No swim lanes are guiding you in the right direction, so being able to guide yourself is essential. This means looking ahead during your swim to find a ‘marker’ in the distance to guide you. Most people spot a tree or a small landmark and use that as guidance on which direction to swim.

You can practise this in a pool by focusing on a spot on the wall at the end of your lane. Another way to train for open water swimming in a pool is to swim in a straight line as much as possible. In open water triathlons, you’re bound to veer left or right and bump into other triathletes, so getting this spot on in the pool is a good idea.

If practising this for the first time in open waters, swim close to the shoreline until you’ve got it right and then go further into the water.



Often, open water events require participants to turn around a water buoy, sometimes more than once in a race.

You can train for this in open water once you’re confident, but it’s also a good idea to try this in a pool – if you have space.

When practising this in a pool, ensure you’re not touching walls or the bottom of the swimming pool.

In open water, practise this by swimming around water buoys, or if you’re swimming with a friend, use each other as markers to swim around.



In open waters, breathing on every third stroke (on alternating sides) is the recommended breathing technique, just like pool swimming. It’s also recommended that you learn how to breathe away from the direction of the waves to reduce water intake.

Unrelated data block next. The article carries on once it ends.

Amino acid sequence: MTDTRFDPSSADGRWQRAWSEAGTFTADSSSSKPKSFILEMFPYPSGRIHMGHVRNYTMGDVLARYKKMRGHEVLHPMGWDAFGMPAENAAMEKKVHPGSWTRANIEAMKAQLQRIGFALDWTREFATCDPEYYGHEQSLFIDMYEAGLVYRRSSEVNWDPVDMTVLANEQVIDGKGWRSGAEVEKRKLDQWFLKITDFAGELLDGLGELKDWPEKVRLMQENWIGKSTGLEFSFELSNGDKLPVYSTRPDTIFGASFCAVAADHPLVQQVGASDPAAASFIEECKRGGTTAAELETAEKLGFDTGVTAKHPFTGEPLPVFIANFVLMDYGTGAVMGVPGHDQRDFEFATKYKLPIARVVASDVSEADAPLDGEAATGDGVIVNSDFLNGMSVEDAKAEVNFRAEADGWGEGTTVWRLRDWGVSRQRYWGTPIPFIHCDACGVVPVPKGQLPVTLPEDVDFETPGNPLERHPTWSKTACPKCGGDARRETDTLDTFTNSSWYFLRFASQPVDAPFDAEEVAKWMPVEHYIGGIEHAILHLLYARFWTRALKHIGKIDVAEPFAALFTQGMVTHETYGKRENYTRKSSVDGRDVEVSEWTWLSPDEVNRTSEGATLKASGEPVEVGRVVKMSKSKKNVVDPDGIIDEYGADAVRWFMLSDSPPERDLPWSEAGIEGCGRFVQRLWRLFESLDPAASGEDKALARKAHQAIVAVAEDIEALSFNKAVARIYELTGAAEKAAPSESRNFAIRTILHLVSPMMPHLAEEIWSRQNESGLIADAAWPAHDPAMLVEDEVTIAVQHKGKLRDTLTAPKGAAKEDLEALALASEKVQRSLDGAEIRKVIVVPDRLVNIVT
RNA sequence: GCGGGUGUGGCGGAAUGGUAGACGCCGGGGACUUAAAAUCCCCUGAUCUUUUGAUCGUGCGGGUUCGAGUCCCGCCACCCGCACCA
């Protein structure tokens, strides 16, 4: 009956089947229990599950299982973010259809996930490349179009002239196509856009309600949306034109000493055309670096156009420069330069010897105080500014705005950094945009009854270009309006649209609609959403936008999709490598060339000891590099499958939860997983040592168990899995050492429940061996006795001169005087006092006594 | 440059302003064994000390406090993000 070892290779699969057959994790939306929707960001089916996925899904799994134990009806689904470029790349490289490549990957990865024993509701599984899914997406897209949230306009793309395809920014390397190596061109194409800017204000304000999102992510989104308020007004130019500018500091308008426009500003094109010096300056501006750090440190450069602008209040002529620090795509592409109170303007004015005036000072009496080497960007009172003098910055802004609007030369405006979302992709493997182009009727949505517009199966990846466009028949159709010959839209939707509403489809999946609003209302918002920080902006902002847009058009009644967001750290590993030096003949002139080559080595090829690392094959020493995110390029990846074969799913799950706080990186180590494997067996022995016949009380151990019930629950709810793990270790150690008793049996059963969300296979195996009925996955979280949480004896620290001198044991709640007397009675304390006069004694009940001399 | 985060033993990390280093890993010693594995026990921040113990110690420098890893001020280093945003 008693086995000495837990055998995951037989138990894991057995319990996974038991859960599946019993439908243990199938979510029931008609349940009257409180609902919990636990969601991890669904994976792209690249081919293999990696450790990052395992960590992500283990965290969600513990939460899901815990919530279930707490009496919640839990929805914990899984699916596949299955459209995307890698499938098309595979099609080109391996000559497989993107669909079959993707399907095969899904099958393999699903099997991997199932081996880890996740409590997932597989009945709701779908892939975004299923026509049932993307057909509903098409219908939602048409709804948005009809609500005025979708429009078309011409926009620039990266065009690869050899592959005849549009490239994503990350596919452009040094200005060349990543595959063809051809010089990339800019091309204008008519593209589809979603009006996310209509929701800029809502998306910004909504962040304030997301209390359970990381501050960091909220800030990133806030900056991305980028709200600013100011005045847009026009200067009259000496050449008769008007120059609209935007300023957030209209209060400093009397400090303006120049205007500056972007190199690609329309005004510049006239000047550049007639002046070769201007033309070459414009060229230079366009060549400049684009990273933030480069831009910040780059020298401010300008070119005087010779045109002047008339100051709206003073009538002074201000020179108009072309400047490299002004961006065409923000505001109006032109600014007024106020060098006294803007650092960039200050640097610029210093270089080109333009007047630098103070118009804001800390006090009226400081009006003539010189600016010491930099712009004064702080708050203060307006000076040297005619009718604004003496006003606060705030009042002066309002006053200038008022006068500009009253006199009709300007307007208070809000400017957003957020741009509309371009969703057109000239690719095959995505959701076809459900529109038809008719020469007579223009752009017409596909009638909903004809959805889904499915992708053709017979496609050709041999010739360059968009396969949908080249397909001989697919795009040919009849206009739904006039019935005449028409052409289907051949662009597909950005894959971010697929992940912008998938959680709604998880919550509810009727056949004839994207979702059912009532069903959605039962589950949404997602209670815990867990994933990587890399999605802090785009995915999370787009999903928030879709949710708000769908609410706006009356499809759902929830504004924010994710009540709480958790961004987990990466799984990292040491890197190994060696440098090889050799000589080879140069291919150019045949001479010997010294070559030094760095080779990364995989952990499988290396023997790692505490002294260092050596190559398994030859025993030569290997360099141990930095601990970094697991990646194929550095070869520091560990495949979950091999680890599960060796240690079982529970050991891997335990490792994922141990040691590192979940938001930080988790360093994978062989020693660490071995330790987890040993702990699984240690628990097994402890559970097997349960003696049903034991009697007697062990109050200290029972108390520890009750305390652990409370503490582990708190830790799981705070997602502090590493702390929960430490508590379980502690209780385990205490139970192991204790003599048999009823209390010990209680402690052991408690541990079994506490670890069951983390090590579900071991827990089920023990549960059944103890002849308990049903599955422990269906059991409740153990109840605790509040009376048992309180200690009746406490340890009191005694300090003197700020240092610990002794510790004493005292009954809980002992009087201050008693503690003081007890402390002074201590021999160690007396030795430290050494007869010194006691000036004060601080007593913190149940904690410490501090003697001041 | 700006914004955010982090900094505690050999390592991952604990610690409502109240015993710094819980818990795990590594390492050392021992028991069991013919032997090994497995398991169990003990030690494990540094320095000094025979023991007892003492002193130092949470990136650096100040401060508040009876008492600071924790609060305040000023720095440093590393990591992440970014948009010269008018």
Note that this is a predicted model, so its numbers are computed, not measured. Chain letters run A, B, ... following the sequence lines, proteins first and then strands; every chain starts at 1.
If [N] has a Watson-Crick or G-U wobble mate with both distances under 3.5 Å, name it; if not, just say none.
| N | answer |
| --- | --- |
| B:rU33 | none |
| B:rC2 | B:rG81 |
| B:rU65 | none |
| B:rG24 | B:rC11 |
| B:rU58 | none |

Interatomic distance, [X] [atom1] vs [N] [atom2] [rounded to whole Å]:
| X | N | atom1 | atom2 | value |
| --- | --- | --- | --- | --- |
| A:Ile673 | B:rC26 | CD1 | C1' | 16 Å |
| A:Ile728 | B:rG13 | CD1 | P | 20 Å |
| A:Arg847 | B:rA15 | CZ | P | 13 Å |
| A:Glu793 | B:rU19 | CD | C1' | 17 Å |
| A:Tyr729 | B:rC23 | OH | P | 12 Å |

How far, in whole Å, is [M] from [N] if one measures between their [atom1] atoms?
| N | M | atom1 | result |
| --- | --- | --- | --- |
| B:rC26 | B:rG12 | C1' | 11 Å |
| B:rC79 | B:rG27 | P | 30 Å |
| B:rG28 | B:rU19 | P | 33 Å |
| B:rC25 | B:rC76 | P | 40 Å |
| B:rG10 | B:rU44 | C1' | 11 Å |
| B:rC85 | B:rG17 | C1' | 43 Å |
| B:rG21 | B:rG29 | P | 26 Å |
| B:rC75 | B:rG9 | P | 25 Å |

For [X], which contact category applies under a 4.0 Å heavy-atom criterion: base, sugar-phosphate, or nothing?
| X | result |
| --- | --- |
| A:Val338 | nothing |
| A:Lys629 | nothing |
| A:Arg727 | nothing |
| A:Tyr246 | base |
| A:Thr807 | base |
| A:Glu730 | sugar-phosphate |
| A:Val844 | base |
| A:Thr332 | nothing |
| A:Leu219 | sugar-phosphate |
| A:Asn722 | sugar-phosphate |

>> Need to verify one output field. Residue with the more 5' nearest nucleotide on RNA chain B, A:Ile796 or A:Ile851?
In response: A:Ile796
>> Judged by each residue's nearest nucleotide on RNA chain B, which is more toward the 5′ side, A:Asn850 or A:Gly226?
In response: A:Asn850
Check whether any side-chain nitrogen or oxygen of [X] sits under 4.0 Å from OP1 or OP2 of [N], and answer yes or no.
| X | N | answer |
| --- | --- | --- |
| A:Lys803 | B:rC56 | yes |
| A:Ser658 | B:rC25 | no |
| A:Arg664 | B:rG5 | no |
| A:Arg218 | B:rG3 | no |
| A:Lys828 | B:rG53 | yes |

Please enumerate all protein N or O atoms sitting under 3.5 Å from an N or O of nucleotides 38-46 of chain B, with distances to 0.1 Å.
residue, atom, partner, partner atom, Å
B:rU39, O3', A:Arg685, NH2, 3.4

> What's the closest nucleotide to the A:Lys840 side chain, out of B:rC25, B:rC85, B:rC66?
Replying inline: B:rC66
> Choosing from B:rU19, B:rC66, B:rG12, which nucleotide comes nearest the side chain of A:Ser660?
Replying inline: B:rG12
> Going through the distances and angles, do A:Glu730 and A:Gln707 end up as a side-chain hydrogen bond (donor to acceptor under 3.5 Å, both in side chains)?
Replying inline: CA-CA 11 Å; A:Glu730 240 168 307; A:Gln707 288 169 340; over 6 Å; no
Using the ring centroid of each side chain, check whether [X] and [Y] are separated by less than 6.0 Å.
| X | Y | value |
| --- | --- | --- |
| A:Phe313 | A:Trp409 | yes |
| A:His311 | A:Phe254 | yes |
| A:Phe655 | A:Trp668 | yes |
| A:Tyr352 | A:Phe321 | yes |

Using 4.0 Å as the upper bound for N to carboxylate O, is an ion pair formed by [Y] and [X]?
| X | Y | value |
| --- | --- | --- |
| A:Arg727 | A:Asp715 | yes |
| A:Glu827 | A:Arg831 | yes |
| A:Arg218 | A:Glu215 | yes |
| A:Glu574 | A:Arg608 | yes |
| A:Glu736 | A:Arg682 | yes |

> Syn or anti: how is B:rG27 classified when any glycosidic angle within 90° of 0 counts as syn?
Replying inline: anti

The easiest way to breathe in open water is to inhale through your mouth and exhale through your nose when your head is submerged in the water. Do whatever feels most natural to you and what you’re most confident with.

It’s a good idea to try many different techniques during training and recognise that when you’re swimming at different speeds and intensities, your preferred breathing technique will change to accommodate that.



In open water, you’ll need a stroke with a slightly higher stroke rate than in the pool. This helps you keep momentum if you’re in choppy waters.

Most open water swimmers opt for the front crawl, so it’s a good idea to ensure you’re familiar with this stroke and can maintain it for extended periods. You need to be comfortable with whatever strokes you choose.

It’s recommended you get used to other techniques, such as breaststroke, as this uses less energy than front crawl, and you may find yourself in a situation where all you can manage at that time is a breaststroke.

Which essential piece of open water swim kit are you most looking forward to getting your hands on next? Let us know on our social media channels, we would love to hear from you